The Dawn of the Obvious
As I reflected on what had happened, a pattern took shape in my mind that I should have understood a long time ago: When it comes to the care of rare and expensive beers, our beer stores and pubs are often frivolously dysfunctional!
Merchants do precisely the wrong thing when they allocate store space for beer. The fast-moving cans in a suitcase or the 40-ounce bottles of un-ruinable malt liquor are always in the cooler, while the slow-moving, most expensive beers are always out on the floor shelf, where they are exposed to permanent light and warmth. Yet, as professional merchants, beer store owners ought to know the most elementary truth about beer, one that any brewer has internalized as a core part of his professional credo, namely that beer is a perishable food commodity, one that does not get better with age, and one that undergoes flavor-destroying chemical changes when kept under the influence of light and heat.
With age, beer eventually becomes stale, hazy and skunky, a condition more likely to occur in slow-moving specialty brands than in ordinary, fast-selling mass brands. So consumers are paying the highest prices for the brews that receive the worst treatment.
Beer Aging Dissected
Light energy causes a photochemical process in beer, during which the hop’s bittering agents react with sulfurous fermentation trace elements and dissolved oxygen elements to form a revolting, skunky-tasting compound known by the impossible name of 3-methyl-2-butene-1-thiol. This photochemical reaction occurs both on warm shelves and in brilliantly lit coolers, and it is fastest in clear or green bottles, which cannot block the frequency of light that is most responsible for the process. Brown bottles have optimum (though not perfect!) blockage ability, but they, too, can only delay, not prevent, the inevitable. Skunked beer, therefore, is also termed “light-struck” beer.
Oxygen is another great enemy of beer shelf life. There is always a small amount of oxygen in solution in any beer. In addition, bottled beer picks up so-called packaged oxygen during the filling process. The amount of pick-up depends on the sophistication of the bottling and kegging equipment. The effect of oxygen on packaged beer is called “staling.” Among the key compounds that oxidize during staling are fatty acids (lipids), of which beer contains a few trace elements. The impact of oxidized lipids is disproportionate to their numbers.
The flavor sensation of staled beer is variously described as soapy, fatty, sweaty or goaty. Other oxidized products in beer may impart winey, wet cardboard, cooked vegetable, celery, sour or acrid flavors. Importantly, the rate of oxidation accelerates significantly with an increase in the beer’s storage temperature. For instance, a particular brew that may have a shelf life of four months if kept at a temperature of 42 degrees F may have a shelf life of less than three months if kept at temperature of 86 degrees F.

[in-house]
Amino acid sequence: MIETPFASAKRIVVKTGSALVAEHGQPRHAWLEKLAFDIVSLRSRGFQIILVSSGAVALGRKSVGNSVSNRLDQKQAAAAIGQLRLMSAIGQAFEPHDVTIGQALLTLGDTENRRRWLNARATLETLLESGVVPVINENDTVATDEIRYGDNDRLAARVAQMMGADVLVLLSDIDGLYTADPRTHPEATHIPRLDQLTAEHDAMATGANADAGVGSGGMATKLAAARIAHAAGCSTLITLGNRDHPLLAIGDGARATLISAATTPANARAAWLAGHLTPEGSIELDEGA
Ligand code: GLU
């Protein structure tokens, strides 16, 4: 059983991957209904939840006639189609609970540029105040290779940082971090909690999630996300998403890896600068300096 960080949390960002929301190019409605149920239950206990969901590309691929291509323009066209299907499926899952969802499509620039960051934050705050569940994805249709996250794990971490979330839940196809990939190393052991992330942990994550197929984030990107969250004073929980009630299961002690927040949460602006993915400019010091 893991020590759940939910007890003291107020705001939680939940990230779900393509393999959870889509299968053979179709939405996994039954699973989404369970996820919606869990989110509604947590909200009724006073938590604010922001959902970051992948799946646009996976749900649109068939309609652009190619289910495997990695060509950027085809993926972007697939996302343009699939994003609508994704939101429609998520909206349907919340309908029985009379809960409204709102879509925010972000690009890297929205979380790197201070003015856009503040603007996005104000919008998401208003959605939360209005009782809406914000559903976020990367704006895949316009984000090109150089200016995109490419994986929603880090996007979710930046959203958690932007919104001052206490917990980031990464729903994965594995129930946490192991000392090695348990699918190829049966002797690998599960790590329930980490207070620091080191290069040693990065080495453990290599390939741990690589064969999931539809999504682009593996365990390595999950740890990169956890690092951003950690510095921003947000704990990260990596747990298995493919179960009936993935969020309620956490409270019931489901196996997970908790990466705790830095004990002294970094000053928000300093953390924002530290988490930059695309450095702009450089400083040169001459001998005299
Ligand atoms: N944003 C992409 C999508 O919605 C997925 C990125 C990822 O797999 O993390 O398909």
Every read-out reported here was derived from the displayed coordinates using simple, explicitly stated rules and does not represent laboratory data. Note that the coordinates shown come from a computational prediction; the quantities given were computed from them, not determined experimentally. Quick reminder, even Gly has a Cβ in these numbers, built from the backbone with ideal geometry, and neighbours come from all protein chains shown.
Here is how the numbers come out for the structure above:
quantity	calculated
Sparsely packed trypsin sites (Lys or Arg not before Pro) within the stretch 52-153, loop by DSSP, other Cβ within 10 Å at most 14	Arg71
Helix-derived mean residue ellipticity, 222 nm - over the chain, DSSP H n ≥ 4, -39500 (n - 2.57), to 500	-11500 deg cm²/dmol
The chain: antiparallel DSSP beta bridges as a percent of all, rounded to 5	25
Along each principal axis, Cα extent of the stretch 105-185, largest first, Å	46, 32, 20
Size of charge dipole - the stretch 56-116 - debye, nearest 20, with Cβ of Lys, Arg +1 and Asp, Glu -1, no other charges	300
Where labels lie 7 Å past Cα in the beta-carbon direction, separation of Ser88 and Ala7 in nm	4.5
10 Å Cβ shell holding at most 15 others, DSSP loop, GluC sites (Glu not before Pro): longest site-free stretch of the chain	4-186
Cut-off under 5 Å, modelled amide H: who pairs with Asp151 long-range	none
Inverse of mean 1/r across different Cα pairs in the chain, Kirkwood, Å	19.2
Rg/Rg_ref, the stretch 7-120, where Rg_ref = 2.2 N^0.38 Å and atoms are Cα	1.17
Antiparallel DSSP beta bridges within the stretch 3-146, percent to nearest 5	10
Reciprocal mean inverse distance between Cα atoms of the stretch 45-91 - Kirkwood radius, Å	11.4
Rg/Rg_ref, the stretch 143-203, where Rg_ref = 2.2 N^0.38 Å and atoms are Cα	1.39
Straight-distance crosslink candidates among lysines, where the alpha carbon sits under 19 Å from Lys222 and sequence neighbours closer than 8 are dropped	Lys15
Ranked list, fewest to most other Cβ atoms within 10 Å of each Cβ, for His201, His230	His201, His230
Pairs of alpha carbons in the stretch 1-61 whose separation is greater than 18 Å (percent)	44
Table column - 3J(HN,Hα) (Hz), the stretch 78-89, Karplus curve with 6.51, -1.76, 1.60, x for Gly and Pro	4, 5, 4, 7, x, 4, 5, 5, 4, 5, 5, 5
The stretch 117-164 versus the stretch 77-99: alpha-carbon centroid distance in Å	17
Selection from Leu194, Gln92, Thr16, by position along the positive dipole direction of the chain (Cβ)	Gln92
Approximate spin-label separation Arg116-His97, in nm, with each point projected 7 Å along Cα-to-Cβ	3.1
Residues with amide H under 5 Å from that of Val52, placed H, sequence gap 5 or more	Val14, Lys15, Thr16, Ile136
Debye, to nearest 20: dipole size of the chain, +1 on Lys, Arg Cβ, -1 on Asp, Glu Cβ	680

There are exceptions, of course. Among these are, for instance, high-alcohol bocks and eisbocks, such as Samichlaus and EKU 28; or barley wines, such as Sierra Nevada Big Foot or Thomas Hardy Ale. Many of these brews carry the “vintage” year on their labels and are intended to be “put down” for a few years. Like Madeira, port, and sherry, which are deliberately oxidized wines, these big beers seem to acquire their sought-after signature flavor only after oxidation. Yet even these heavyweights ought to be allowed to age gracefully in a dark, cool environment, not on a brightly-lit store shelf at room temperature. Even an old eisbock or barley wine does not benefit from light-struck skunkiness.
Finally, beer exposed to higher temperatures and plenty of oxidation also tends to develop of permanent haze over time. Hazes tend not to be present in fresh beer. Technically, such hazes are formed when beer loses what is called its colloidal stability. The haze occurs when normally invisible dissolved protein particles form a loose bond with polyphenols (from grain husks and hops) and become visible. All beers eventually develop such hazes, but the rate of haze formation can increase as much as five-fold in heavily oxidized, over-the-hill beers.
From these explanations, it ought to be clear that after six months on a warm shelf in a well-lit store, there is hardly a bottle of beer that is anywhere near the wonderful treasure it was when it left the brewery. Even the best of brews can become undrinkable. The breweries themselves, too, seem to understand this problem, as I learned during a lunch meeting in November 2000 with the then-head of the quality lab of one of the big Munich breweries. He candidly admitted to me that it is next to impossible to reconcile the brew-technical rules for making a great brew with the modern commercial imperative of having that brew last a full year on the shelf. This, he said, was his biggest quality challenge.